Fighting Climate Change with Hedgerows - What On Earth?

Fighting Climate Change with Hedgerows - What On Earth?

Hedgerows – many of us are noticing hedgerows more than ever before on our daily exercise, from the unidentified small brown bird dashing into the undergrowth, to the hum of insects foraging. There is plenty to take notice of, but there is so much more to a hedgerow.

2020 marks the 50th Earth Day, which takes place every year on April 22nd. The theme for this year’s Earth Day is climate action. Climate change is the biggest challenge to the future of humanity and the delicate mix of support systems that ensures the planet remains habitable.  Most of us know the benefits of adopting a greener lifestyle, but many of us won’t be aware of the direct benefits that the humble hedgerow brings to our planet - like taking  pollutants out of the air, reducing flooding and playing a huge part in the measures being taken to reduce carbon.

One benefit that impacts many householders in the UK is the ability of hedgerows to help prevent flooding. We have all seen of the devastating impacts of flooding and part of the contribution to this is the absence of hedgerows. A hedgerow acts as a physical barrier to water and sediment, and as a filtration system, reducing the number of pollutants entering our waterways. Their diverse root systems also stabilise soil banks, increasing the capacity for water retention, and reduce soil erosion. The retention of water enhances the flavour and nutritional content of crops and food harvested from hedgerows for both humans and the animals that depend on the hedgerow harvest for survival.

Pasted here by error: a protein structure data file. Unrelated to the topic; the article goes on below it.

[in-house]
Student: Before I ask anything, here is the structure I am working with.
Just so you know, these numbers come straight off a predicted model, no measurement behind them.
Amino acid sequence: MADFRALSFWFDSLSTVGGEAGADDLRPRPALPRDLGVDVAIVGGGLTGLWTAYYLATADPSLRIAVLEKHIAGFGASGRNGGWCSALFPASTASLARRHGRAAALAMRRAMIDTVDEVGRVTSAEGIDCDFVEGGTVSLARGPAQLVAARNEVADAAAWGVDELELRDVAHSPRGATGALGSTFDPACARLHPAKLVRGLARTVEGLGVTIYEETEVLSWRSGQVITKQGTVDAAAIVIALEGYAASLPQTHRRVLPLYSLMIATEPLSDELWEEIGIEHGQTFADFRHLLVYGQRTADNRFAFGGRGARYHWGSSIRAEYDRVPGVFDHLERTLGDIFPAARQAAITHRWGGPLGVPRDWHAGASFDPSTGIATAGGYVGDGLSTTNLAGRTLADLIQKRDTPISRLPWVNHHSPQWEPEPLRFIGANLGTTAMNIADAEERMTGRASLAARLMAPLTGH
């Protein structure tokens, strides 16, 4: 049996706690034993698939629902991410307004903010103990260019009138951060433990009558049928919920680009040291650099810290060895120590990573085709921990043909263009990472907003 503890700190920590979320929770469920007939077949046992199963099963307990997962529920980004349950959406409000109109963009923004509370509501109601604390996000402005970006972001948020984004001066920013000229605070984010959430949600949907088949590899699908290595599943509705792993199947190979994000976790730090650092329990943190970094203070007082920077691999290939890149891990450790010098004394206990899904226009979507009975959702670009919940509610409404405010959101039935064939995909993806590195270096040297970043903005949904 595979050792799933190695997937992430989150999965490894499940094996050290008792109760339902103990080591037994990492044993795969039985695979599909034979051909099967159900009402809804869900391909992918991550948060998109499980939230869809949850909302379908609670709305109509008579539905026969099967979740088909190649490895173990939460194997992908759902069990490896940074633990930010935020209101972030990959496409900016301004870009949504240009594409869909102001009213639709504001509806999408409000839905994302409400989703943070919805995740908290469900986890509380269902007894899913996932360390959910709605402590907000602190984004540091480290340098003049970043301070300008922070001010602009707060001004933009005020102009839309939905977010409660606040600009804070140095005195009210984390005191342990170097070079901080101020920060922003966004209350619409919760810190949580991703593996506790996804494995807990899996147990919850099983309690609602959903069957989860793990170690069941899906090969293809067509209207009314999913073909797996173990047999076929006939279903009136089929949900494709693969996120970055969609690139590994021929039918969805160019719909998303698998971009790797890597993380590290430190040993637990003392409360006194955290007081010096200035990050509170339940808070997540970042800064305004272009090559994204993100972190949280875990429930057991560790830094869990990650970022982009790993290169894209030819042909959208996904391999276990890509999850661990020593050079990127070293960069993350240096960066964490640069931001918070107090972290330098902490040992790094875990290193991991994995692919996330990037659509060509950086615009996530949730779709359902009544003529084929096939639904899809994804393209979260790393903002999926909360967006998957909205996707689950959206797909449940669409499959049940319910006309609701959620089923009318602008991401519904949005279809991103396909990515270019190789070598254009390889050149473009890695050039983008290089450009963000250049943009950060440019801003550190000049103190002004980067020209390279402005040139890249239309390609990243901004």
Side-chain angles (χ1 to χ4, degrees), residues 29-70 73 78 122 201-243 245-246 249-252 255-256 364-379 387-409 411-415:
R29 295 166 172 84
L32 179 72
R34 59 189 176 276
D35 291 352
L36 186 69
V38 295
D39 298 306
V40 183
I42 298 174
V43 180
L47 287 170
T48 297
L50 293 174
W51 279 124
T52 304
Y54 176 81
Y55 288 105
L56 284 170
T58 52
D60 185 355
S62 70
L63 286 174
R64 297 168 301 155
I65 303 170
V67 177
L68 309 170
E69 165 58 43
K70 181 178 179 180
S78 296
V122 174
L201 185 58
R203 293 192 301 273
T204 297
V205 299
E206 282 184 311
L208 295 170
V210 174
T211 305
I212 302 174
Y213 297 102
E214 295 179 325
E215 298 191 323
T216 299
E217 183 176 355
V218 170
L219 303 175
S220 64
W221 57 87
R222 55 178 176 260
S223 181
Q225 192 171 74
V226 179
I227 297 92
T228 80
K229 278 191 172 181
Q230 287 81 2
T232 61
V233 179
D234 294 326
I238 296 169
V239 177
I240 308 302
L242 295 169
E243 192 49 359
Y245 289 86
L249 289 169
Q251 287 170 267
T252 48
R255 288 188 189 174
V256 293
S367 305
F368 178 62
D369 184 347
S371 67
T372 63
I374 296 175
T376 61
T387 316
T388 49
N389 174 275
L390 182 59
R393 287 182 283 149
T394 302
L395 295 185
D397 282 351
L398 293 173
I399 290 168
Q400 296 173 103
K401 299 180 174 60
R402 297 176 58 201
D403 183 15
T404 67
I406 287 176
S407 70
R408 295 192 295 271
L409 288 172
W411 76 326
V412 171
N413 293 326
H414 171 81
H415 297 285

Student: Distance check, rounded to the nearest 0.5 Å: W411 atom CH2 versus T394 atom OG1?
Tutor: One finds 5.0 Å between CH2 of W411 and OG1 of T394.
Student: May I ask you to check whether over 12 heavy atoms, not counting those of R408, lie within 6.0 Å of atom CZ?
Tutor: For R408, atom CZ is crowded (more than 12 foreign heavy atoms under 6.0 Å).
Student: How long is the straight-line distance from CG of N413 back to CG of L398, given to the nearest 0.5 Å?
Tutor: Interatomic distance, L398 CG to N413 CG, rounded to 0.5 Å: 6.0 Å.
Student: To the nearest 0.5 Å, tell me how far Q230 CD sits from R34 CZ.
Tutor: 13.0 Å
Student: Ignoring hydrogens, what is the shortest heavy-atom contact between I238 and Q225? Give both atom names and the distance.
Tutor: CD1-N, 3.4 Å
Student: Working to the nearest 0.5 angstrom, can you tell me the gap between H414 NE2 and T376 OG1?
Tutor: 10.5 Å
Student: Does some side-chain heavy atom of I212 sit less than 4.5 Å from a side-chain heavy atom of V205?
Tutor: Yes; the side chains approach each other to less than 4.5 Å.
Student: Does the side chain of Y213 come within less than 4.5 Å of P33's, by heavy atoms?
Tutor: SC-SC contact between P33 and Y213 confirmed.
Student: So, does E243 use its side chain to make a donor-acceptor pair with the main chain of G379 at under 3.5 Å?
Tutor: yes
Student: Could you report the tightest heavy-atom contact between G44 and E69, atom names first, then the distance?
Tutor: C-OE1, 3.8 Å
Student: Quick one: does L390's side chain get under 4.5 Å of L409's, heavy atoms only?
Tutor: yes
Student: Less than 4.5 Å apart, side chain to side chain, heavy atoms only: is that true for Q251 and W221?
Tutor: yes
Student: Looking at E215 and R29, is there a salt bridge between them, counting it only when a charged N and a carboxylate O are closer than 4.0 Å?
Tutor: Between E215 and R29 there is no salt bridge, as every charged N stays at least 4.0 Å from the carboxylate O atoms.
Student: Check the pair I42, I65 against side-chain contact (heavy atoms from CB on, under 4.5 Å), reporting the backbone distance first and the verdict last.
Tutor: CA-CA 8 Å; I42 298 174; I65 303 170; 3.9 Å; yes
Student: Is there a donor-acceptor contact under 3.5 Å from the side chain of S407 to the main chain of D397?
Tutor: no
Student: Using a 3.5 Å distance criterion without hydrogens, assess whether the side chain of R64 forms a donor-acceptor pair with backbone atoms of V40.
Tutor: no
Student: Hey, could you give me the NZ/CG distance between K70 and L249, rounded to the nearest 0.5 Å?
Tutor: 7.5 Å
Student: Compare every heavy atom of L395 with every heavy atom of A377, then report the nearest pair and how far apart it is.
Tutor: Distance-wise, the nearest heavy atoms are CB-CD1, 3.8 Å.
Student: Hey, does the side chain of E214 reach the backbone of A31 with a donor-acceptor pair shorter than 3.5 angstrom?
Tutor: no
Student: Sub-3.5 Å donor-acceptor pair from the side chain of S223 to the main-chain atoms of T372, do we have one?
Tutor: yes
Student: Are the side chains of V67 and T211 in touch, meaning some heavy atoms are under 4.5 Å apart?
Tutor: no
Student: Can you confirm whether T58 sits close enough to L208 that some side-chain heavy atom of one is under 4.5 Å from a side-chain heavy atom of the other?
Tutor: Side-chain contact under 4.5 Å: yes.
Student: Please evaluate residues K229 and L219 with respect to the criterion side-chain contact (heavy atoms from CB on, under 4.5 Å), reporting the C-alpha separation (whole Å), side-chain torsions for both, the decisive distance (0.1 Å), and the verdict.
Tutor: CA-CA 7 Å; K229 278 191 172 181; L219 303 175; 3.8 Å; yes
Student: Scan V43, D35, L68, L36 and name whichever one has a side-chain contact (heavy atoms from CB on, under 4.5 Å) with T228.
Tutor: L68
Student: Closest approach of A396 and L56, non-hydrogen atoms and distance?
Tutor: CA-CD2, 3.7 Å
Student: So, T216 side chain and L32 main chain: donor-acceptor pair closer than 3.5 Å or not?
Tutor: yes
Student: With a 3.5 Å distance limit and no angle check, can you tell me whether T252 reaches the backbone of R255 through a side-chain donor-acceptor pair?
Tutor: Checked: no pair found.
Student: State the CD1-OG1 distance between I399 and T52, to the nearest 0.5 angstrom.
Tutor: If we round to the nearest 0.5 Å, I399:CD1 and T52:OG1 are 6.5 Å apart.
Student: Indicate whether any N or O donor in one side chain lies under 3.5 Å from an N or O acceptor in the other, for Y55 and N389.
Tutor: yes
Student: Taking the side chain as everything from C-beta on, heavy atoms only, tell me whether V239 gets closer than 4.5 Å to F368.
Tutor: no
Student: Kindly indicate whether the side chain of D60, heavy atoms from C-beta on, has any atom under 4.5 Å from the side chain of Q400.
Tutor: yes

Another great but little-known fact about hedgerows is their amazing ability to store carbon both above and below ground, reducing carbon emissions. Hedgerows in a Brittany landscape were estimated to contain 13% of the carbon in that landscape. All living things on Earth contain carbon, released through respiration. Some carbon dioxide is important for Earth’s atmosphere, but too much is detrimental causing global warming, rising sea levels and shifts in plant blooming times, which in turn impacts biodiversity. Therefore, we need to take action to reduce carbon levels.

According to the Tree Council, hedges store more carbon than cropped or grazed land making them an ideal addition on farmland – they take up very little space as they are used for buffers and field boundaries. The NFU estimates that enhancing and increasing hedgerows could save up to 500,000 tonnes of carbon dioxide a year. Hedgerows do such a great job in our battle against carbon that the Climate Change Committee have called for an increase in hedgerows by 40% to help meet Net Zero by 2050. That would mean a very real contribution to the mitigation of global warming and protecting our planet for years to come.

Of course, there are other indirect benefits to our climate through hedgerows. They can also produce green energy in the form of wood fuel, a cheap and efficient form of heat energy. The wood is harvested from hedgerows in the form of wood chips, which can then be used to power biomass heating systems, or logged to fuel log burners in a sustainable way. Hedgerows also provide shelter to both livestock and plants by providing shade and acting as windbreaks, for plants in particular this means that less frequent watering is needed.

So, you can see, there is far more to hedgerows than just those long lines of green. They are the vital to biodiversity and it’s not too late to save existing hedgerows or introduce new stock. If you are a landowner, you can apply for a grant to grow and maintain hedgerows on your land and play a real part in tackling climate change in the UK.